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A New Chipmunk (Genus Eutamias) from the Black Hills   By:

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A New Chipmunk (Genus Eutamias) from the Black Hills


University of Kansas Publications Museum of Natural History

Volume 5, No. 19, pp. 259 262 April 10, 1952

University of Kansas LAWRENCE 1952


Editors: E. Raymond Hall, Chairman, A. Byron Leonard, Edward H. Taylor, Robert W. Wilson

Volume 5, No. 19, pp. 259 262 April 10, 1952



A New Chipmunk (Genus Eutamias) from the Black Hills


Study of the chipmunks from the eastern Rocky Mountains and Great Plains reveals that the chipmunks from northeastern Wyoming and from South Dakota which Howell (N. Amer. Fauna, 52:55, November 30, 1929) referred to Eutamias minimus borealis actually belong to a heretofore unnamed subspecies which may be named and described as follows:

Eutamias minimus silvaticus new subspecies

Type. Female, adult, skull and skin, No. 20050 Mus. Nat. Hist., Univ. Kansas; from 3 mi. NW Sundance, 5900 ft., Crook County, Wyoming; obtained on July 4, 1947, by H. W. Setzer; original No. 1692.

Range. Bear Lodge Mountains in northeastern Wyoming and the Black Hills of South Dakota.

Diagnosis. Size large (see measurements); general tone of upper parts drab; sides Ochraceous Buff (capitalized terms are of Ridgway, Color Standards and Color Nomenclature, Washington, D. C., 1912); lateral stripes Fuscus Black washed with Ochraceous Tawny; ventral side of tail near (14' h ) Ochraceous Orange and fringed with black.

Comparisons. From Eutamias minimus pallidus (specimens from Buffalo in Johnson County, Ivy Creek, Rockypoint, Middle Butte, and South Butte in Campbell County, all in Wyoming, and Harrison, Sioux County, Nebraska), the subspecies to the southward, westward, and northward, E. m. silvaticus differs in: General tone of upper parts markedly darker, more reddish and less grayish; dorsal stripes darker; crown markedly darker. External measurements, and measurements and characters of the skull of the two subspecies, do not differ significantly. Unless otherwise specified all comparative material is in the Museum of Natural History of the University of Kansas.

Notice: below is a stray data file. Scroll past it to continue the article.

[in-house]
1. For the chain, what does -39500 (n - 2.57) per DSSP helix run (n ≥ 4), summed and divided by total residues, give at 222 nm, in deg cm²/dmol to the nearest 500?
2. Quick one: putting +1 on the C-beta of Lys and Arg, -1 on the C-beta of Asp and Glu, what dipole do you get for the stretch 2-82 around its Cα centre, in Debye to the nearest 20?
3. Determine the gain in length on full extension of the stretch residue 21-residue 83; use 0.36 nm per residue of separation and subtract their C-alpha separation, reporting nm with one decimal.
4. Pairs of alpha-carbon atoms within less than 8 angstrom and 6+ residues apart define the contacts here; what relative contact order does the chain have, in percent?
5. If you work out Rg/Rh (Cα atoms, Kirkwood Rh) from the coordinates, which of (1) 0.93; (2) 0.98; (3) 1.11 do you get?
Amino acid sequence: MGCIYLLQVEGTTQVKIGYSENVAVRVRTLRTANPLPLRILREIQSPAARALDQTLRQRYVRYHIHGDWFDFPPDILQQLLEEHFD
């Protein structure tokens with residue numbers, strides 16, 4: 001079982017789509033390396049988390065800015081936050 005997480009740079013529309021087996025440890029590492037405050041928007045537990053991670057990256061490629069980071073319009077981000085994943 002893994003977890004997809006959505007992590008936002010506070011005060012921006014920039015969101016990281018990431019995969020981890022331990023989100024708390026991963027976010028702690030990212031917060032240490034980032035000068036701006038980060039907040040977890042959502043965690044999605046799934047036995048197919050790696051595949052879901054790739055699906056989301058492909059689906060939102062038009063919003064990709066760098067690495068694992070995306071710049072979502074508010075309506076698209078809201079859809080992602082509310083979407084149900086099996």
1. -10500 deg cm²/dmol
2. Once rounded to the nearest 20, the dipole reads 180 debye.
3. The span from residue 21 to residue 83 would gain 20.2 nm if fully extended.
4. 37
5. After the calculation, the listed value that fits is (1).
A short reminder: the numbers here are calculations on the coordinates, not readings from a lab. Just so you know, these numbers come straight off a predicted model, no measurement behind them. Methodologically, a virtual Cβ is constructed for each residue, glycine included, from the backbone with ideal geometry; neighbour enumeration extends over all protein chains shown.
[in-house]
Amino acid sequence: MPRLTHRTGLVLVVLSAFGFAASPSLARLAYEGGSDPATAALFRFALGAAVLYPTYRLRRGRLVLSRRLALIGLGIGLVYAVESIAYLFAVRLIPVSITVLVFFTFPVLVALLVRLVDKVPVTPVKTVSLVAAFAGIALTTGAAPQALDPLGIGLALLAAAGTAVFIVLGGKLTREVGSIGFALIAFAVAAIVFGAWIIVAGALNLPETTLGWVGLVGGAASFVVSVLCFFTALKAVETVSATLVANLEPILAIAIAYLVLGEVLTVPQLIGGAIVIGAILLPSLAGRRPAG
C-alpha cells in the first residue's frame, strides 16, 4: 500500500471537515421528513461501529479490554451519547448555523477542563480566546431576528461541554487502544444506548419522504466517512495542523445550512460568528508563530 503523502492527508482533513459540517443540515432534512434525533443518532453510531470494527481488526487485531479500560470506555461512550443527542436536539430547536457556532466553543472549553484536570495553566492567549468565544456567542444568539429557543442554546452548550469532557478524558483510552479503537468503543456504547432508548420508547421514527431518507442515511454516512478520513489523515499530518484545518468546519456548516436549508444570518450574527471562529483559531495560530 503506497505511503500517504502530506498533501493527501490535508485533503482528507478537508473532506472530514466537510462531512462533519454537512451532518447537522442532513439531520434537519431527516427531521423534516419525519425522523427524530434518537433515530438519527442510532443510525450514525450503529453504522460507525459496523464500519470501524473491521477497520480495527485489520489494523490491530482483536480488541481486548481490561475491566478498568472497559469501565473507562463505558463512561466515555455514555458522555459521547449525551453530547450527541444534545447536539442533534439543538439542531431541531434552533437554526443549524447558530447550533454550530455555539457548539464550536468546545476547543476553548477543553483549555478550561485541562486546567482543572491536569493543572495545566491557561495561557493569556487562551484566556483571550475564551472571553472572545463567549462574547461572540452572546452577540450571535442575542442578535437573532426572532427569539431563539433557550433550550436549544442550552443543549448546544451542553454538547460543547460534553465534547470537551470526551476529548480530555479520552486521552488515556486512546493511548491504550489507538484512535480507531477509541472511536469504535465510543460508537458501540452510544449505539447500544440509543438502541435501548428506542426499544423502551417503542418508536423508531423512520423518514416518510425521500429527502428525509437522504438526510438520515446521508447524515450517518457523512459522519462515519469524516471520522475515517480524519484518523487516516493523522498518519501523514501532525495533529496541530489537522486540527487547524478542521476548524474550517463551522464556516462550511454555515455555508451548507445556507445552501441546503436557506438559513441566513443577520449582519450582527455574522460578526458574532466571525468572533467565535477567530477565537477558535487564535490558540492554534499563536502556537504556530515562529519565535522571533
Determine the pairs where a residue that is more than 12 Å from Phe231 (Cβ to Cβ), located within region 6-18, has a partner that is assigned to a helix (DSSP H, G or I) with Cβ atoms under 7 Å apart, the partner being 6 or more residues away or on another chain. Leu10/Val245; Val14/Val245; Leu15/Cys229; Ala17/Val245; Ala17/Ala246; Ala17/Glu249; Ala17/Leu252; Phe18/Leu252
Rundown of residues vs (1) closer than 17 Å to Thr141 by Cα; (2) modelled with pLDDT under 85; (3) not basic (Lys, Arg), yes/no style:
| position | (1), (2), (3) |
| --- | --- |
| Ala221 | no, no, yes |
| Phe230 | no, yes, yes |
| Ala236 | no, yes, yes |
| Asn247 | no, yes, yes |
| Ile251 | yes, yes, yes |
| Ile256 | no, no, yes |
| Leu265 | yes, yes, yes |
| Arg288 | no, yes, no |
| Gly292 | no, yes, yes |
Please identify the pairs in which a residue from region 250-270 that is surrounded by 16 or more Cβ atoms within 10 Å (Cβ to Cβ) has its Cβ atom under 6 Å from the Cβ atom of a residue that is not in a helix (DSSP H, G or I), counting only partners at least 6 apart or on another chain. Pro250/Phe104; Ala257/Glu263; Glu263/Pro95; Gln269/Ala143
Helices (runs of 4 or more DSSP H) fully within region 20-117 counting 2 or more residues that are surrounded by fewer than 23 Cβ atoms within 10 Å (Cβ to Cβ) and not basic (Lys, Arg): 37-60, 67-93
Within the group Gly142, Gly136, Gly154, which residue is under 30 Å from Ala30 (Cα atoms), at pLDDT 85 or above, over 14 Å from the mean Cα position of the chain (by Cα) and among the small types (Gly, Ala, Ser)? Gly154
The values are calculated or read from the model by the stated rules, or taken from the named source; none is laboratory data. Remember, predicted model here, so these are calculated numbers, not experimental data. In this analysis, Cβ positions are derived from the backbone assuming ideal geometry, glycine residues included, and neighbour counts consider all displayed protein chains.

From Eutamias minimus cacodemus (topotypes in the United States National Museum), the subspecies to the southeastward, E. m. silvaticus differs in the same manner in which it differs from E. m. pallidus , but the degree of difference is greater because E. m. cacodemus is even paler than E. m. pallidus .

From Eutamias minimus confinis (specimens from 17 1/2 mi. E and 4 1/2 mi. S Shell, 8500 ft., Big Horn County, Wyoming), E. m. silvaticus differs in: General tone of upper parts darker, more reddish and less grayish; sides of rump more reddish and less grayish; underside of tail more tawny; skull distinctly longer and broader across zygomata.

From Eutamias minimus borealis (specimens from 1 mi. NW of junction of Irons Creek and Laird River; N side Muskwa River, 4 mi. W Ft. Nelson, 1200 ft.; E side Minaker River, 1 mi. W Trutch; Beatton River, 115 mi. S Ft. Nelson; 5 mi. W and 3 mi. N Ft. St. John; S side Toad River, 10 mi. S and 21 mi. E Muncho Lake; all in British Columbia; and from Assineau River, 1920 ft., 10 mi. E and 1 mi. N Kinuso, Alberta), E. m. silvaticus differs in: Under side of tail more reddish; dorsal stripes less blackish; sides slightly paler (less tawny); nasals distinctly shorter; skull distinctly shorter.

Measurements. Average and extreme measurements of three adult males and 11 adult females of E. m. silvaticus from the type locality are, respectively, as follows: Total length, 190 (189 190), 207 (202 220); length of tail, 85 (81 90), 97 (82 105); length of hind foot, 31 (30 33), 32 (31 34); length of ear, 14 (13 16), 15 (14 17); weight, 45.7 (44.6 46.5), 55.7 (50.0 68.0); greatest length of skull, 32.0 (31.5 32.6), 32.3 (31.5 33.1); zygomatic breadth, 18.5 (18.5 18.5), 18.6 (18.2 19.0); least interorbital constriction, 6.9 (6.8 7.1), 7.0 (6.4 8.1); length of nasals, 9.4 (9.2 9.6), 9.6 (9.3 10.1).

Measurements of the type. Total length, 206; length of tail, 90; length of hind foot, 32; length of ear, 15; weight, 59.3; greatest length of skull, 32.6; zygomatic breadth, 18.6; least interorbital constriction, 6.4; length of nasals, 9.3.

Specimens examined. Total number, 28. Specimens from South Dakota are in the United States National Museum, and those from Wyoming are in the Museum of Natural History of the University of Kansas.

South Dakota: Custer Co. : Custer, 3; Lawrence Co. : Deadwood, 10.

Wyoming: Crook County : 3 mi. NW Sundance, 5900 ft., 14; 15 mi. ENE Sundance, 3825 ft., 1.

Acknowledgment is made of assistance, with the field work, received from the Kansas University Endowment Association.

Museum of Natural History, University of Kansas, Transmitted December 8, 1951.

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